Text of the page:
How Quakers Are Organized 

For more information on Friends, visit www.quaker.org

The Monthly Meeting 

Annapolis Friends Meeting is an independent religious entity and is incorporated as such. It makes its own decisions about spiritual and business matters. Annapolis Friends Meeting is a monthly meeting, so called because business matters are considered once a month. 

Yearly Meeting 

Independent monthly meetings within a geographic area are affiliated through a Yearly Meeting, which, as the name suggests, meets annually to consider business. We are part of Baltimore Yearly Meeting. www.bym-rsf.org. Annual sessions are held for six days in late July/early August. Between Annual sessions, Friends gather on a Saturday three times a year at Interim Meeting to conduct business.  

Baltimore Yearly Meeting publishes a compendium of Quaker beliefs and practices called Faith and Practice. It is a guide and reference for individual Friends and monthly meetings. It is not a rule book, but it offers insight into the organization of Friends' meetings and how that structure reflects and expresses our beliefs and testimonies. Copies of Baltimore Yearly Meeting's Faith and Practice are for sale on the literature table. 

Quarterly Meeting 

Baltimore Yearly Meeting is divide into a number of subdivisions called Quarterly Meetings. Annapolis Friends Meeting is part of Chesapeake Quarterly Meeting, which meets the Second First Day (Sunday) of March, June, and December.

National and International Quaker Organizations 

Quakerism encompasses a broad spectrum of beliefs and interests, and many groups have emerged to demonstrate our diversity. 

Friends General Conference, (www.fgcquaker.org) Friends United Meeting (www.fum.org) and Evangelical Friends International (www.evangelical-friends.org) are three prominent Quaker organizations whose orientations range from the least to the most Christocentric and Biblically-based, although there is considerable overlap. 

American Friends Service Committee was founded by Quakers to promote peace and justice. It is entirely separate from the monthly and yearly meetings, although many of these provide support for its projects. Many members of AFM have been active in AFSC activities. (www.afsc.org.org)

Friends Committee on National Legislation (www.fcnl.org) and Quaker United Nations Office (www.geneva.quno.info)

are independent bodies which seek to provide a Quaker perspective on national and international issues.

Quaker camps and schools may be independent and run according to Quaker principles, or they may be under the care of a particular meeting. 

Pendle Hill is an educational center near Philadelphia, offering Quaker spiritual enrichment and study. www.pendlehill.org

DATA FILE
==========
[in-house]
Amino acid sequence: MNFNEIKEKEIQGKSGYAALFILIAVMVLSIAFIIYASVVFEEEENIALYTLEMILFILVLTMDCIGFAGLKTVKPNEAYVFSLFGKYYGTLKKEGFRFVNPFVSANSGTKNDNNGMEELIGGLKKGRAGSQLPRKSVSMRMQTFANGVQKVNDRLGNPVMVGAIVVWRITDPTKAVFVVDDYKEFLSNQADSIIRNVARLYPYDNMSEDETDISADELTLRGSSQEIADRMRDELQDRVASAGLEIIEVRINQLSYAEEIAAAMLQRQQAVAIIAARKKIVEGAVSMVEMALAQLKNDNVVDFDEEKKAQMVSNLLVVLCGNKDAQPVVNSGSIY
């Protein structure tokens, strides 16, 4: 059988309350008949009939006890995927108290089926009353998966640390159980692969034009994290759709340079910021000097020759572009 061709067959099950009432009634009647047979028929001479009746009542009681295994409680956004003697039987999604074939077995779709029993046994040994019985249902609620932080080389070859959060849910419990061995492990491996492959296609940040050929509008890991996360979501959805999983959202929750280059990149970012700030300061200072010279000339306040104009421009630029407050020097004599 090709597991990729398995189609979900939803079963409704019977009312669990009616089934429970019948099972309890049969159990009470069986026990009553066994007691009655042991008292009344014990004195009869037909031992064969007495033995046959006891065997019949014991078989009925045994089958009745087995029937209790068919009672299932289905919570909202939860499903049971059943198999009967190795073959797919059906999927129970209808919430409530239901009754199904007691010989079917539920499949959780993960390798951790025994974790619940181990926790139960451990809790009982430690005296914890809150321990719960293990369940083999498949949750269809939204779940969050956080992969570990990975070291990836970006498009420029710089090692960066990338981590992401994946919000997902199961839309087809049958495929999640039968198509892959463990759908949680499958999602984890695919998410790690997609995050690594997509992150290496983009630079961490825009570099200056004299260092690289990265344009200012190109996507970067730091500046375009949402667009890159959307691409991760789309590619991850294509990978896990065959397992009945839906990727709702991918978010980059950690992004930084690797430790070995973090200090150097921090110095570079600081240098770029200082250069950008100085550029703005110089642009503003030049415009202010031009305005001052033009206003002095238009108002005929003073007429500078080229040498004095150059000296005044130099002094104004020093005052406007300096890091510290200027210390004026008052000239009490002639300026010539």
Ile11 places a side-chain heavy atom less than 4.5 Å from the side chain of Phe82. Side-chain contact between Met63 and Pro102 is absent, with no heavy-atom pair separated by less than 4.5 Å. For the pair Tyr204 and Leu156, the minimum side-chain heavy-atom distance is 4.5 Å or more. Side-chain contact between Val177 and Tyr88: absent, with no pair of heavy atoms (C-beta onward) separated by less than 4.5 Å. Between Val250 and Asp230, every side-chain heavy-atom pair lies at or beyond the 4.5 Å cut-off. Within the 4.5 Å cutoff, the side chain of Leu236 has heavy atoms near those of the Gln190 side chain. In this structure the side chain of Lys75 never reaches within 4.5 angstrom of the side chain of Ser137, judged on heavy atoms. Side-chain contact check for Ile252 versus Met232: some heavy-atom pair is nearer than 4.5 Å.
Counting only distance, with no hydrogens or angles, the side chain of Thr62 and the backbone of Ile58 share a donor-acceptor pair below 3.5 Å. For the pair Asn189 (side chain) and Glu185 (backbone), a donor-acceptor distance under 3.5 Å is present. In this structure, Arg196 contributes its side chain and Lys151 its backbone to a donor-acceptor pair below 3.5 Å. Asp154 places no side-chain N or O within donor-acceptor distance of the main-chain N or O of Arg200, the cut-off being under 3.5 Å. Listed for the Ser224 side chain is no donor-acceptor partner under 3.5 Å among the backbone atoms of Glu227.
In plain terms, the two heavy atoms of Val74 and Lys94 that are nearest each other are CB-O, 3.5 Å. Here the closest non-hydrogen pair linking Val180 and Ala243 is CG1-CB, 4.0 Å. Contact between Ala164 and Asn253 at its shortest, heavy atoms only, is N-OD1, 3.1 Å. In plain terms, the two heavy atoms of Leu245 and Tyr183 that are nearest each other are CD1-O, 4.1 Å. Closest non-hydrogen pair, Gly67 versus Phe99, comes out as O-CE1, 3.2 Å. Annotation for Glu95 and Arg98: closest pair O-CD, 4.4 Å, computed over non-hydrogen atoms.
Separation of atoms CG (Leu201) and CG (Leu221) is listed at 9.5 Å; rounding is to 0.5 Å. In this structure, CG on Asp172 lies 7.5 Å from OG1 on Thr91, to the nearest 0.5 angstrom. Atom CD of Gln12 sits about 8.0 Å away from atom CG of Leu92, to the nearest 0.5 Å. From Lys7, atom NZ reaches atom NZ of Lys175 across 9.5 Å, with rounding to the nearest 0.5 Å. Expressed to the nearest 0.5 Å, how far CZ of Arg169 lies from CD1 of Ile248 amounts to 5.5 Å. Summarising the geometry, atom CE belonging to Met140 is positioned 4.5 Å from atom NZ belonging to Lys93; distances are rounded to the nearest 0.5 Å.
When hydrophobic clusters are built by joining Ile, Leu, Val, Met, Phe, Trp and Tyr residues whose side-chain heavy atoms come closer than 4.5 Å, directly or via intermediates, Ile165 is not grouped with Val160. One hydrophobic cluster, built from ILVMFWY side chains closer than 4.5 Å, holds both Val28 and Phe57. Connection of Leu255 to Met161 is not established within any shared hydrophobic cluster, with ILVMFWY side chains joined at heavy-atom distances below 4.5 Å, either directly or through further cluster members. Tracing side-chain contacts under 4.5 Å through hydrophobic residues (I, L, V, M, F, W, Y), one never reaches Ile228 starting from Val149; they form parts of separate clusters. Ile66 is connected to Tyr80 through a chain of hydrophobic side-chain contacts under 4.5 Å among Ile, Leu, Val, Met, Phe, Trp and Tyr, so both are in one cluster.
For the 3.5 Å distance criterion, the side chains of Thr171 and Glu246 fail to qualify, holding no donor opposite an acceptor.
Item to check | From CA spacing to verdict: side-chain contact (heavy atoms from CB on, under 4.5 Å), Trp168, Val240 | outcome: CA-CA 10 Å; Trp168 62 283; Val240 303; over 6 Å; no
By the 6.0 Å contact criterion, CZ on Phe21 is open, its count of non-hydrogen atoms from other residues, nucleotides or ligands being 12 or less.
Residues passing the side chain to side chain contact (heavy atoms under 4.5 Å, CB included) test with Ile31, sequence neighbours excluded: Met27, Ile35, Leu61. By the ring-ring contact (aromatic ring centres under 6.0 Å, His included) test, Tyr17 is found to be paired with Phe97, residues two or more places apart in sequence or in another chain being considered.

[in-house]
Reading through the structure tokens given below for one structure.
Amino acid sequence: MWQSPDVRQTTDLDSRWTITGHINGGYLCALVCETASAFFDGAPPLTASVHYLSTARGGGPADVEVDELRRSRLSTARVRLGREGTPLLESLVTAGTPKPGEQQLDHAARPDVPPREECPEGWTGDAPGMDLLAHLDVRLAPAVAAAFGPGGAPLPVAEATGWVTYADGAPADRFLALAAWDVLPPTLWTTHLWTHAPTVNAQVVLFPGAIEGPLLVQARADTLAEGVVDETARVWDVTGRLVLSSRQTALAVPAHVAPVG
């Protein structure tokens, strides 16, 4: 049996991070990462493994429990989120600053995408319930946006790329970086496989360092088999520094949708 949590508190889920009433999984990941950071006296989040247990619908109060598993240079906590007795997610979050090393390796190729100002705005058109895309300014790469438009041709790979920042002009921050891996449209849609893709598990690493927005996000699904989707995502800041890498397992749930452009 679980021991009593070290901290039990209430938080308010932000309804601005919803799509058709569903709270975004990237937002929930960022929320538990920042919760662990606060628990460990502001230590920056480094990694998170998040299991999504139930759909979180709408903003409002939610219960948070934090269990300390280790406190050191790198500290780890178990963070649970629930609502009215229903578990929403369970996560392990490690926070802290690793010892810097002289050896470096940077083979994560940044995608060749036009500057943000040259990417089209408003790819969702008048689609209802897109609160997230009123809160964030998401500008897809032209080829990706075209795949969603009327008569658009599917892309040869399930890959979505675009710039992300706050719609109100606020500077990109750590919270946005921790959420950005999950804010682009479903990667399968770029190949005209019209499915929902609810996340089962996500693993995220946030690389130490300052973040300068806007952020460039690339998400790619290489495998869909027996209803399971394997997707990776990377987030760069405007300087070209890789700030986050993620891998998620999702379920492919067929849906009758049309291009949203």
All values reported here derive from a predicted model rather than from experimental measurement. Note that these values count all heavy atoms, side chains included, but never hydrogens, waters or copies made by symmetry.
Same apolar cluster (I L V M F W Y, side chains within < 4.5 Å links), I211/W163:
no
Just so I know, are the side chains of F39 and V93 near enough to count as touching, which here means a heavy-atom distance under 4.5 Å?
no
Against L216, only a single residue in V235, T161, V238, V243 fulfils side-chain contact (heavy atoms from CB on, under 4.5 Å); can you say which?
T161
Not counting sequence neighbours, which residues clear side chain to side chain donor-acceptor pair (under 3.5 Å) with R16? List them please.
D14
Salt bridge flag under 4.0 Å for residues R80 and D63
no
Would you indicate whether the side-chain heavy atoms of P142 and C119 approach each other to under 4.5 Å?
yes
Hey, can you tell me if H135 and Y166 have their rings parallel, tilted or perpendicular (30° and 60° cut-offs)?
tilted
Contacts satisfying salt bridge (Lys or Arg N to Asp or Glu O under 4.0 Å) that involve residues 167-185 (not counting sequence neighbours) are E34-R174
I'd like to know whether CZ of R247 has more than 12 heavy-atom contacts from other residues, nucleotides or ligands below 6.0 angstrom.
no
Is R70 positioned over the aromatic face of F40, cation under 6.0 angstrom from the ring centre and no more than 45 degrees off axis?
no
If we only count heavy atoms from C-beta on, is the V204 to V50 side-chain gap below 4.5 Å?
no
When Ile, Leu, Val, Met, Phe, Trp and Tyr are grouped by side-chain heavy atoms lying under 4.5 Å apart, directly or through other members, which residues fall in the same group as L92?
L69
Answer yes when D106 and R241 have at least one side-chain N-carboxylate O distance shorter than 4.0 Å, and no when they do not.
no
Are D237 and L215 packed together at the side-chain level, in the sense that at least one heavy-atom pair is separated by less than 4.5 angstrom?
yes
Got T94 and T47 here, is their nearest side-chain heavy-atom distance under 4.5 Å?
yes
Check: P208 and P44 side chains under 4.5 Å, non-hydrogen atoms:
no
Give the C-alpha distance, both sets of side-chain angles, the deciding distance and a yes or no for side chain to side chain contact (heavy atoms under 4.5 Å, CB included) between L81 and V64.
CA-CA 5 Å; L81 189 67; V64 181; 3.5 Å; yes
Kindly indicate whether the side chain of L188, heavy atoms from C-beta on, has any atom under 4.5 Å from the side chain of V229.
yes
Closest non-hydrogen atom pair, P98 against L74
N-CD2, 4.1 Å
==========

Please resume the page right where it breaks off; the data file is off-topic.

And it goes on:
Resources For Further Learning 

Curious about Quakers? Want to learn more? Many of the resources below can be borrowed at the Annapolis Friends Library in our Meetinghouse

Pendle Hill Pamphlets and Bookstore provide a scholarly Quaker viewpoint on a wide variety of theological, social and lifestyle topics. The pamphlets are published six times a year. www.pendlehill.org

Friends General Conference publishes a full range of Quaker and non-quaker literature. www.fgcquaker.org

Fiction 

The Peaceable Kingdom, by Jan DeHartog (1971) This lengthy novel was a best seller. Based on real historic individuals, the book dramatizes the beginning of the Quaker movement in the mid-1600's in England. It is the first of a trilogy. 

I Take Thee, Serenity, by Daisy Newman (1994) This novel involves a traditional Quaker family during the 1970's. There also is a sequel. Both books are available in the AFM library. 

The Friendly Persuasion, by Jessamyn West (1945) This novel tells the story of a Quaker family in southern Indiana in the mid-19th Century. Of particular interest is the family's struggle to decide how to react to the Civil War, with the parents confirmed pacifists and the son eager to fight the Rebs. Also rent the 1956 movie starring Gary Cooper, Dorothy McGuire and Tony Perkins. Jessamy West wrote the screenplay. It's a great family movie. This book and its companion, Except for Me and Thee , are both in our library. 

Historic and Social References 

Friends for 300 Years, by Howard Brinton (1964) is a history of the Quaker movement. Thoughtful and scholarly, this is one of the most complete and readable references a new attender might choose.

Magazines 

Friends Journal is a monthly magazine about "Quaker thought and life today," which consists of brief articles, readers' contributions, essays and poems, considering their daily lives and spiritual concerns. www.friendsjournal.org 

Quaker Life is published ten times a year by Friends United Meeting, reports on Quakers around the world. Call 765-962-7573 or www.fum.org/ql

Questions? Feel free to call

Barbara Thomas at 410-280-0939
Pat Schenck 410-263-4529
Or email info@annapolis.quaker.org


Annapolis Friends Meeting, Religious Society of Friends (Quakers)
The Annapolis Friends Meeting is a a 501(c)3 tax exempt organization.
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